I like these people. You should too.
Ron Swanson, as portrayed by Nick Offerman on NBC’s Parks and Recreation, is quite possibly the best character on network television today. This is no doubt partly due to stellar writing by a great staff. It is also due to the man who so embodies the character that you’re not sure where the actor ends and the part begins. Prior to landing the great role, Offerman made small guest appearances on various television shows and had minor roles in motion pictures. He need not worry about getting work these days, though. He’s hit it big with the type of character actors pray for. Ron Swanson is a constant source of some of the best lines in a stellar show. Internet memes rise because of his cynical, brutally honest character’s words and actions. Whether it’s the Ron Swanson Pyramid of Greatness, ‘Drunk Ron Swanson’ dancing on an infinite loop, or Offerman’s own video of building a canoe, there’s absolutely no reason not to love the man, the myth and his ever-growing legend. Nick Offerman is the best friend I don’t have.
Peter Dinklage won a Best Supporting Actor Emmy for his portrayal of Tyrion Lannister in the first season of HBO’s Game of Thrones. I suspect strongly it won’t be his last. And if there’s any justice, he’ll have Oscars to go with them at some point. Dinklage first came to my attention as a lonely, little man who inherits an abandoned train station in 2003’s excellent The Station Agent. He solidified his utter coolness as the diminutive man who attends his closeted lover’s wake in both the original Death at a Funeral and its remake. Being a ‘little’ actor in Hollywood has traditionally been a thankless calling. And while Mr. Dinklage’s star is rising because of his acting as the wily imp, one gets the feeling he could read for any role he wanted and have a good shot of getting it. I look forward to seeing him starring in feature films for years to come. This man is a damn good actor. Period. He’s the best thing in a show that is quickly becoming one of my favorites and I will watch him in anything he’s in.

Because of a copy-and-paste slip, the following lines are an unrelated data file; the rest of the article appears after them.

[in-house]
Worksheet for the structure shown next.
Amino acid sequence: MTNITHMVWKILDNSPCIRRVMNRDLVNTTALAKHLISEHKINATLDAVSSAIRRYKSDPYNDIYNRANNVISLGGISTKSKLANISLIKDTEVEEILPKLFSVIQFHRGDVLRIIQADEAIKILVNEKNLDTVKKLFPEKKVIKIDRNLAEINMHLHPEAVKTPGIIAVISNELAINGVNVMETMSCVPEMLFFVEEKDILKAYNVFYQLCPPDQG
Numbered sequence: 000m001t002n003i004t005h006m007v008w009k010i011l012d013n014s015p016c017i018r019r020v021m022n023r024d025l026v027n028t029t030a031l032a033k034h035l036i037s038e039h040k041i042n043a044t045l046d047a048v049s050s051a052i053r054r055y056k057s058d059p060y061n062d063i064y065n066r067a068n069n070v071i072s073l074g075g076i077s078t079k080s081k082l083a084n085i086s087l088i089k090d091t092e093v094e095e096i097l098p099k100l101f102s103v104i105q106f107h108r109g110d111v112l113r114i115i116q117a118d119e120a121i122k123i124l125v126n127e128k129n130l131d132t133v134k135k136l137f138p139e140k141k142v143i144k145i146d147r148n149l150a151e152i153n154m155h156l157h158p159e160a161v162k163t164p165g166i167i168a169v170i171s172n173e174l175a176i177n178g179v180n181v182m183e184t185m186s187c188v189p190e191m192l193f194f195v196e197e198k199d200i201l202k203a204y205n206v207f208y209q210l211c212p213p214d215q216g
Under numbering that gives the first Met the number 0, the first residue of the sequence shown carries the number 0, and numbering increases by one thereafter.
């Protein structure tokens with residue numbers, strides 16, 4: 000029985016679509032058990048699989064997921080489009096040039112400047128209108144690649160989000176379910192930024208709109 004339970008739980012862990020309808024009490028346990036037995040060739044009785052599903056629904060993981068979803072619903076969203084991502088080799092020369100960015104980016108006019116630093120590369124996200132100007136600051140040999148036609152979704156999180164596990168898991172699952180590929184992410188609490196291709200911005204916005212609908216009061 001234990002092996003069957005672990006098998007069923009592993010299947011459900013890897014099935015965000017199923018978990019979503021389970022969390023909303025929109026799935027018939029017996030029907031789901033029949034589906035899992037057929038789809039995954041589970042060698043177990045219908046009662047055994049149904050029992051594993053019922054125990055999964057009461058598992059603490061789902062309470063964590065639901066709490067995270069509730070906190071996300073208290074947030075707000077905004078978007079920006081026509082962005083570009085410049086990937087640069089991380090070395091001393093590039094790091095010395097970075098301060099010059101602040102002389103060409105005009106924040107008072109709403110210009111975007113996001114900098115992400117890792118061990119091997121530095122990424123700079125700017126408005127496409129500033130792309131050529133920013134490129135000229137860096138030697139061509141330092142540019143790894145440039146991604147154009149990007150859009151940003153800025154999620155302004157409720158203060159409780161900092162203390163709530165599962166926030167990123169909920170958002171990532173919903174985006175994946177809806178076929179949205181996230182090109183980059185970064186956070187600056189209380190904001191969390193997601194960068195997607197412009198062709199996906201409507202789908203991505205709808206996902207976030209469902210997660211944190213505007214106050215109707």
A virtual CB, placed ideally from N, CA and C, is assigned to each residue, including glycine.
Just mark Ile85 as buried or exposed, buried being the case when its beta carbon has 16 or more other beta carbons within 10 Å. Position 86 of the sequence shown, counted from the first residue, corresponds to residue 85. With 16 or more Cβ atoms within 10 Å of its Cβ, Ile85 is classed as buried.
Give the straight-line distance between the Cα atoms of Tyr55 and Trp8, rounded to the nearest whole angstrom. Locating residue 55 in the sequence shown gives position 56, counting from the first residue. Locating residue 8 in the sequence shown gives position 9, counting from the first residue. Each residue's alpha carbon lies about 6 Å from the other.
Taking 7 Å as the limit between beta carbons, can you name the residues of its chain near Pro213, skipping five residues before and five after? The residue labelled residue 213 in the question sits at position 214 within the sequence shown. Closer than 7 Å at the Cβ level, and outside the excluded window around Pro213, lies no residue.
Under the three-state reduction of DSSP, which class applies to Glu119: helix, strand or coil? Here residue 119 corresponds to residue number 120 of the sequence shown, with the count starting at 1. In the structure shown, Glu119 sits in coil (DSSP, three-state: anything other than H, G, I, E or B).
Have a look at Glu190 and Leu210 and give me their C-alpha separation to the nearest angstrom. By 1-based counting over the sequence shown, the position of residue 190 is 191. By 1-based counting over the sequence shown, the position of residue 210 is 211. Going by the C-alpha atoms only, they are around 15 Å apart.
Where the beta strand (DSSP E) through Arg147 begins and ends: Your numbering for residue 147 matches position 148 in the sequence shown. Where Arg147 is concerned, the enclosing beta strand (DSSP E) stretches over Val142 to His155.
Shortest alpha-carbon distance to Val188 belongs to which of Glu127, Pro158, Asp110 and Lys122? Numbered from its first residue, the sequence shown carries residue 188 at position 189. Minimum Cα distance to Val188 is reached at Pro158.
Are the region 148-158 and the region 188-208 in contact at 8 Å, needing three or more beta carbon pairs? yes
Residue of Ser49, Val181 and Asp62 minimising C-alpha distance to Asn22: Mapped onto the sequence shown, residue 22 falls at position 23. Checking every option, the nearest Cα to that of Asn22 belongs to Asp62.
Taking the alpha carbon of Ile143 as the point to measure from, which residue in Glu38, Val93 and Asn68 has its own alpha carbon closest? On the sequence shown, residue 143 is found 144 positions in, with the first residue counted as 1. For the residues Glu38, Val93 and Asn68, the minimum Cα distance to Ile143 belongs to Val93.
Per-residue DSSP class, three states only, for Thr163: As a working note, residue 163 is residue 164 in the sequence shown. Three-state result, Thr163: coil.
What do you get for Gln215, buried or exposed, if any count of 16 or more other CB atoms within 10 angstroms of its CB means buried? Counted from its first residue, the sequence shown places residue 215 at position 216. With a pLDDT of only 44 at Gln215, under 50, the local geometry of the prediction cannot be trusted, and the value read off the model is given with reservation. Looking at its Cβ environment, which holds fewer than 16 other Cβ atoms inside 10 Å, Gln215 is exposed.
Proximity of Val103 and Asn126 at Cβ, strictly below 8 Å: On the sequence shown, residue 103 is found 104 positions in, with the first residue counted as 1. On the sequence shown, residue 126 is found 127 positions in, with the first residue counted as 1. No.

In the early 2000’s, famed movie reviewer Roger Ebert discovered he had thyroid cancer. He battled the cancer through many surgeries and treatment and ultimately lost most of his jaw and his voice. He’s recently had a prosthetic chin built to wear for TV appearances and a Scottish company, using recordings of his old reviews, developed a text-to-voice software program to give sound to his words. Roger does not shy from public appearances and I’m proud of him. I loved the old Siskel and Ebert movie review show. A Two Thumbs Up! review of a flick went a long way to determining if I would check out something I normally would not have. Ebert stands alone now after Siskel died many years ago. But his upward pointing thumb still holds power. Roger catches a lot of flak. He occasionally spoils big plot points in his reviews. He’s mostly dismissive of the horror genre. He’s sometimes comes off as a grumpy, old man. But the fact is that there are few people in the movie review game who have the breadth of knowledge or experience that he has. And if for no other reason than that, he will always have my respect.